MOSCOW — Russians watching Washington lurch through President Trump’s first months in office have generally vacillated between morbid fascination at the sight of America in disarray and dismay over what it all portends for Russia. But among a small group of once-influential men in Moscow on Thursday, there was a flicker of something resembling envy.
They were supporters of the late Boris Yeltsin, and they had met to recall the August 1991 days when the Russian leader defied a coup attempt by Communist Party officials who wanted to oust or at least thwart Soviet President Mikhail Gorbachev and reverse his liberalizing reforms. Inspired by Yeltsin’s call, hundreds of thousands of people took to the streets in Moscow and other major Soviet cities, forcing the plotters to abandon their putsch.
A peaceful revolution had defeated the totalitarian state, and the way was clear for democracy in an independent Russia, led by Yeltsin, the country’s first democratically elected president. Or so they thought in 1991.
Now, Russia has a president who has whittled away most independent civil institutions and signed into law ever-greater restrictions on freedom of political expression, backed by the “siloviki,” current and past representatives of the defense and state security forces, who control some of the country’s most powerful enterprises.
Long out of power, long bereft of significant popular support, Russia’s old-guard democracy advocates are left to wonder, as Yeltsins’s former chief of administration, Sergei Filatov, put it, “why the victory of the people turned into a defeat.”
By comparison, Washington’s convulsions, to them, look like little more than a blip.
“In democratic countries, there is an ability to overcome Trumpization because you have established institutions,” said Lev Ponamaryov, a former Russian and Soviet legislator and a representative of a broad pro-democracy movement that once had a healthy presence in parliament but no longer holds a single seat.
Andrei Nechayev, who served as the economics minister in Yeltsin’s “young reformers” government, which introduced “shock therapy” to the Russian economy in 1992, observed that economic stability has a lot more to do with it. In its final years, the Soviet Union’s planned economy was on the verge of collapse; the state-run distribution system was increasingly ineffective at getting goods to people, and the state monopoly on all production and trade crushed any incentive for efficiency.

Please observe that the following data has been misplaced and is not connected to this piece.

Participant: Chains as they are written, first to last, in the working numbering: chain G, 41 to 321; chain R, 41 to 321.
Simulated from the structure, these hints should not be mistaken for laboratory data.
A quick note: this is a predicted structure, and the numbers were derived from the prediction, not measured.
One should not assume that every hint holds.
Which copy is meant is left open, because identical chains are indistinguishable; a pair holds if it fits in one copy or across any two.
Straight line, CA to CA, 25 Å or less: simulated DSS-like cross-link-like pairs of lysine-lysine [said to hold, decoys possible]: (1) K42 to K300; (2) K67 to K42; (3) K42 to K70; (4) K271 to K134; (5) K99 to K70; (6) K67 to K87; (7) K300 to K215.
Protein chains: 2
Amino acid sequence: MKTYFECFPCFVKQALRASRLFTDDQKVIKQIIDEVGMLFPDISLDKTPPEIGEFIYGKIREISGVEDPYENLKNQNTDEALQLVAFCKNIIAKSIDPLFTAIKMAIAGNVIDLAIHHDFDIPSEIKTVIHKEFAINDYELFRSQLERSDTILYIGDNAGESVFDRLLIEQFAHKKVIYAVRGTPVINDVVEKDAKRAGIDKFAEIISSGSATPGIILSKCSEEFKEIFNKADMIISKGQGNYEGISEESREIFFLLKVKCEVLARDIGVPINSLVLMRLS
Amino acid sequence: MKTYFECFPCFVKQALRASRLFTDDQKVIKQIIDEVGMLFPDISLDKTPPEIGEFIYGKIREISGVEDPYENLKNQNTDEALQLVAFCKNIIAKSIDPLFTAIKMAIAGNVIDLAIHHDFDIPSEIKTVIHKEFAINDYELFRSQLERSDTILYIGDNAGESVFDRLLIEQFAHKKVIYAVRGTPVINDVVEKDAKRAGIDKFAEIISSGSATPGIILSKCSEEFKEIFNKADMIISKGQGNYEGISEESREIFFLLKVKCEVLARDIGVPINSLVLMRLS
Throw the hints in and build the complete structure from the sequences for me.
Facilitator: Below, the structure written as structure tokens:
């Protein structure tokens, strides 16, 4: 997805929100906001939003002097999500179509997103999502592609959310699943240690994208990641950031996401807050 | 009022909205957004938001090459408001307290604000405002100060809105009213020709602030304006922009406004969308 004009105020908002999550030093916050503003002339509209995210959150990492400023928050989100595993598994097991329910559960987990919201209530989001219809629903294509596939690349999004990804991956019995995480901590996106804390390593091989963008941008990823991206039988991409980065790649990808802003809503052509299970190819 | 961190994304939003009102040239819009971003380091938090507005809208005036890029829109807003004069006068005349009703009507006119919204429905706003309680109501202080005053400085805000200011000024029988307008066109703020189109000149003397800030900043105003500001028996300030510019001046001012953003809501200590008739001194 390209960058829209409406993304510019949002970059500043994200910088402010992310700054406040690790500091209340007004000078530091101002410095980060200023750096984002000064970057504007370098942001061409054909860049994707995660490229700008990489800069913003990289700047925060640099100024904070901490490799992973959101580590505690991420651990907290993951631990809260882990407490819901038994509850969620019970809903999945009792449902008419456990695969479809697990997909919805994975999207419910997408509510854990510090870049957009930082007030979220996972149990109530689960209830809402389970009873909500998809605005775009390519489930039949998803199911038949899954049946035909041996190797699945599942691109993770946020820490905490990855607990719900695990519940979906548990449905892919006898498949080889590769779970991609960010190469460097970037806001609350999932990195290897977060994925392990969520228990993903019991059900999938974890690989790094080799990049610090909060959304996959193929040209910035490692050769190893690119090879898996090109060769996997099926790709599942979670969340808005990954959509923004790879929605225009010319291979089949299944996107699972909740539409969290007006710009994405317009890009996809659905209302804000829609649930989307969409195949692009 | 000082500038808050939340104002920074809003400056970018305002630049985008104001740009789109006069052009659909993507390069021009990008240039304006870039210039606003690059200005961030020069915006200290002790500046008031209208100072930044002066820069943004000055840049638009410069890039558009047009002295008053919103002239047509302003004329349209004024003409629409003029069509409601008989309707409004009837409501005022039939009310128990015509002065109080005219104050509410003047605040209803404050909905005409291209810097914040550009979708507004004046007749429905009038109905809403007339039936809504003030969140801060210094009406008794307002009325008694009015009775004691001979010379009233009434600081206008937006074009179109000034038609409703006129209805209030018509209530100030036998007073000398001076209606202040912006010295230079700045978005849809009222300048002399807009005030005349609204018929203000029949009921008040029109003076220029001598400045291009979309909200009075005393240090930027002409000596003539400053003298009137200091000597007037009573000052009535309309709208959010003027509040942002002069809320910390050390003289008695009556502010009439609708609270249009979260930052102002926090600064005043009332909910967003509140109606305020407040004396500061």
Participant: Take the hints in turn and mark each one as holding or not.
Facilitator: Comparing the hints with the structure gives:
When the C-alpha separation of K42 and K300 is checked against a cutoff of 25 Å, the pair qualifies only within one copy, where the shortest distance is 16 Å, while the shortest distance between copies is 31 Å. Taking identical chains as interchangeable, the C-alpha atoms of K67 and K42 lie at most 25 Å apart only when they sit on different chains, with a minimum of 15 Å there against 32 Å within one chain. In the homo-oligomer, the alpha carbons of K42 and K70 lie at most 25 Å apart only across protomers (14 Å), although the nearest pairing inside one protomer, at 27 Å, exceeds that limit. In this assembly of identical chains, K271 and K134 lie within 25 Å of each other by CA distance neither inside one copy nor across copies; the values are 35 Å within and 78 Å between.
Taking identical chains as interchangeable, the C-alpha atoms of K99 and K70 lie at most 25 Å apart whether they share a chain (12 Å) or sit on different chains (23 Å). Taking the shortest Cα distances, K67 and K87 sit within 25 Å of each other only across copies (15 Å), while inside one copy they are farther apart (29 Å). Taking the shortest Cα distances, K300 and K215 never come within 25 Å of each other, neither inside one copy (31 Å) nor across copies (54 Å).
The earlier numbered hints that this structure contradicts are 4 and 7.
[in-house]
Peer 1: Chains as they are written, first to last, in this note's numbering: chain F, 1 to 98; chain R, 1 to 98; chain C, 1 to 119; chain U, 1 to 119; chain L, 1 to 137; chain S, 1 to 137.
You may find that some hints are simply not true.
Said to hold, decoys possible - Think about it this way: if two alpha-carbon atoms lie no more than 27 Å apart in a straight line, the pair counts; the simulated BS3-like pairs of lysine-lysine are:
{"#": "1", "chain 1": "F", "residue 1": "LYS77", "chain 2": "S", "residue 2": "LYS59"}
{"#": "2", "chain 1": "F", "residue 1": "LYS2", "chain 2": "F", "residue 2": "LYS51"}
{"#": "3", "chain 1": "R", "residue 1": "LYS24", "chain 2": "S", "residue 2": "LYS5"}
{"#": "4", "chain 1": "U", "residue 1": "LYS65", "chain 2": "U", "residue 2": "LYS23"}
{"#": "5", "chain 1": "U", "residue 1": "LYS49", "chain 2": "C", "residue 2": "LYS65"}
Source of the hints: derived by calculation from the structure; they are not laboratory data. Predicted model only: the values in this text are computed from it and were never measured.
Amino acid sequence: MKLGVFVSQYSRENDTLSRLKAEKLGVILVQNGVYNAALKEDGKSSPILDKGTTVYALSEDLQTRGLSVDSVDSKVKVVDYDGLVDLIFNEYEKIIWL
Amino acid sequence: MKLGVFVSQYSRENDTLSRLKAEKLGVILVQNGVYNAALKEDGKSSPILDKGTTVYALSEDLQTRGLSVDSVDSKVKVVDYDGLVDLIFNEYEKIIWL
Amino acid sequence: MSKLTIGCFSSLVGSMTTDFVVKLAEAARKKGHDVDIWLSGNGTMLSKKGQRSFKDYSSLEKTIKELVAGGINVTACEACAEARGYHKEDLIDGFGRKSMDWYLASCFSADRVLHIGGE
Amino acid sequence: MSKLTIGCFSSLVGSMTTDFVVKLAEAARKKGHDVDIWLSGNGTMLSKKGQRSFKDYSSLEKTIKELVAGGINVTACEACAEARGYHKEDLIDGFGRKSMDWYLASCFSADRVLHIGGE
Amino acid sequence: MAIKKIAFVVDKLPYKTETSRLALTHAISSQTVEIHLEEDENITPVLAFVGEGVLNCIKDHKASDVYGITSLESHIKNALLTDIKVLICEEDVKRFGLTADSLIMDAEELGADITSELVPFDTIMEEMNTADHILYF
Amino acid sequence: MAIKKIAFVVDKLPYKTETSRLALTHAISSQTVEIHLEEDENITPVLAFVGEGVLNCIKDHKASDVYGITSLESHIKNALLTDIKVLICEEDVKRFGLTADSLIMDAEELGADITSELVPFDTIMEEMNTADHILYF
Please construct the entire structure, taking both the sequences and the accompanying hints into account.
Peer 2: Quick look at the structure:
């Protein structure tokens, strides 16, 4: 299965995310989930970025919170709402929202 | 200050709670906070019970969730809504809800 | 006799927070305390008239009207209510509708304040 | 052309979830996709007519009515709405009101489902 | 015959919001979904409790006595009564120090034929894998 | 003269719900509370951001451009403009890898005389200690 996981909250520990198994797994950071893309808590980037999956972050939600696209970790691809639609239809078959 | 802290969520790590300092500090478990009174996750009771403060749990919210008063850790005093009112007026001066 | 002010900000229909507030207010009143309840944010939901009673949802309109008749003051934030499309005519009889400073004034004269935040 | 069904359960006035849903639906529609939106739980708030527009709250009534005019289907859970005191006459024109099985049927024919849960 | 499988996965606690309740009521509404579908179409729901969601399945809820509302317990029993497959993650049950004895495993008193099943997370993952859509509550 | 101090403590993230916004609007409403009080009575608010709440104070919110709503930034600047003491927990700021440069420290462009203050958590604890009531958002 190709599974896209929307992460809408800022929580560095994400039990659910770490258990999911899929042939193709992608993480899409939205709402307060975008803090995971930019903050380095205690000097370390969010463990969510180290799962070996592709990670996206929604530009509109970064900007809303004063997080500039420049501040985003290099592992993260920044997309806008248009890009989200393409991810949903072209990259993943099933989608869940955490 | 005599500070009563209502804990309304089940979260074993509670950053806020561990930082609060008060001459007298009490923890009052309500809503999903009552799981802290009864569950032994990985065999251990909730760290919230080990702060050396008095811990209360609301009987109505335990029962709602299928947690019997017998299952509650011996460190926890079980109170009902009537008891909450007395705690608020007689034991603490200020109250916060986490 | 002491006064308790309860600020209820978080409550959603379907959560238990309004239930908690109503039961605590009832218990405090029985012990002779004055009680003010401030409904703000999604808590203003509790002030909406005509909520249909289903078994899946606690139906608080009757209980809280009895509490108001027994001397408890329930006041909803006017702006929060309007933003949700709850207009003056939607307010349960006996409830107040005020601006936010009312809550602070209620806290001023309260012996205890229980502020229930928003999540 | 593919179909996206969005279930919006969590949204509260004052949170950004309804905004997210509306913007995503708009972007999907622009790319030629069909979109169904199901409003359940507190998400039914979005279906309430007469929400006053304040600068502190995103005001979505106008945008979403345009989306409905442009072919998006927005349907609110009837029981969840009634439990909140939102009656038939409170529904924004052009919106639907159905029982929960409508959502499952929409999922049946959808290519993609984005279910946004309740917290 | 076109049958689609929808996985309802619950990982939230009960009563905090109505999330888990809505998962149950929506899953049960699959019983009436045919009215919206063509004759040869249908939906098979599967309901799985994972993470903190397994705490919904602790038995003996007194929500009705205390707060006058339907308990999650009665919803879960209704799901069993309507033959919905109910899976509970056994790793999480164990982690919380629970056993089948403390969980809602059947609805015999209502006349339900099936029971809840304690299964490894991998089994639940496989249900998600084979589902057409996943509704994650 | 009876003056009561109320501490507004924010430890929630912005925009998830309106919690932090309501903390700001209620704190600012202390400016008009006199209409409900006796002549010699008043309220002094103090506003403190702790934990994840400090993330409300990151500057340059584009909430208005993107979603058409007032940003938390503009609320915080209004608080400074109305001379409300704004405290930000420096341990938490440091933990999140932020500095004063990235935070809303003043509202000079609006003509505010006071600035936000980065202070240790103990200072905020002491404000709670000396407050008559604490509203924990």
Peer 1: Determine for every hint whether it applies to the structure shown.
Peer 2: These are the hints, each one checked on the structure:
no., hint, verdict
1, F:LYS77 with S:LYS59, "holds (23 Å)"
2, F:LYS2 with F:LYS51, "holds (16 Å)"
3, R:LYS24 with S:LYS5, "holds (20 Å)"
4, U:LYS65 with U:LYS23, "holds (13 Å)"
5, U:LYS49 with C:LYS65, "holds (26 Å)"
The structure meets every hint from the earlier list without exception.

“If not for the economic collapse of the 1980s, I don’t think there would have been huge crowds” on the streets in 1991, he said.
Russians remember the 1980s, but they also remember the turbulence of the early 1990s, when that shock therapy hit home, leaving factories at a standstill, workers unpaid and even basic goods in short supply. They remember the gangster capitalism of the mid-1990s and the crash of the ruble in 1998, which wiped out savings overnight.
A survey last year by the Levada Center, an independent Russian polling organization, found that most Russians still regret the December 1991 dissolution of the U.S.S.R., even as a generation that doesn’t know what it was like reaches adulthood. In the same survey, only 15 percent of Russians said they had a positive attitude about the Soviet collapse. Among those who don’t would be Gorbachev, who describes the Soviet breakup as Yeltsin’s coup against him, and Putin, who famously said in 2005 that the breakup of the U.S.S.R. was “a major geopolitical disaster of the century.”
That quote has often been misinterpreted to mean that Putin wanted the country to go back to being the Soviet Union, given what has happened to Russian civil society since. In fact, Putin was laying out the basis of what Nechayev calls his “social contract” with Russians, essentially offering freedom to earn, spend, travel and live where they like in exchange for not rocking the ship of state.
That worked better when oil prices were booming than it has in Russia’s recent downturn as a result of the drop in oil prices and the imposition of sanctions over Russia’s annexation of Crimea and its proxy war in eastern Ukraine. A poll reported by the Tass news agency this week showed that the economy, even as it nudges its way toward growth, is Russians’ primary worry.
Putin is also marking an anniversary this week — 18 years since he became Yeltsin’s prime minister, a path that led him to the Kremlin a few months later. His popularity rating has not dipped below 80 percent since 2014, although Nechayev pointed out that “in Russia, when someone asks on the phone if you support the president, not everyone is going to say, ‘Well, not really.’ ”
Putin’s strength is that he is seen to hold the siloviki and liberal-minded reformers in his government in check, although lately the siloviki have been on the offensive. A hint of that is playing out in the bribery trial of Alexei Ulyukayev, Russia’s former top economics official and the first national minister to be arrested while in office since Joseph Stalin’s security chief, Lavrenti Beria, was detained in the Kremlin in 1953 after the Soviet dictator’s death.
Ulyukayev says the charges were fabricated and blames state oil chief Igor Sechin, the apparent leader of the siloviki. Sechin has denied the accusation, but a poll of Russians taken after Ulyukayev’s arrest last year found that 54 percent saw the case as a battle of competing ruling clans.
Alexander Osovtsov, another former Russian legislator and member of the old Democratic Russia movement, said the complexion of Russia’s leadership today is no surprise. The August 1991 coup leaders were defeated, he said, because most of the state security elite were against them.
“The people we call our enemies now were on our side,” Osovtsov said. “The KGB part of the winning alliance became the dominant one in Russian society. The elites who were in power never let go of the reins.”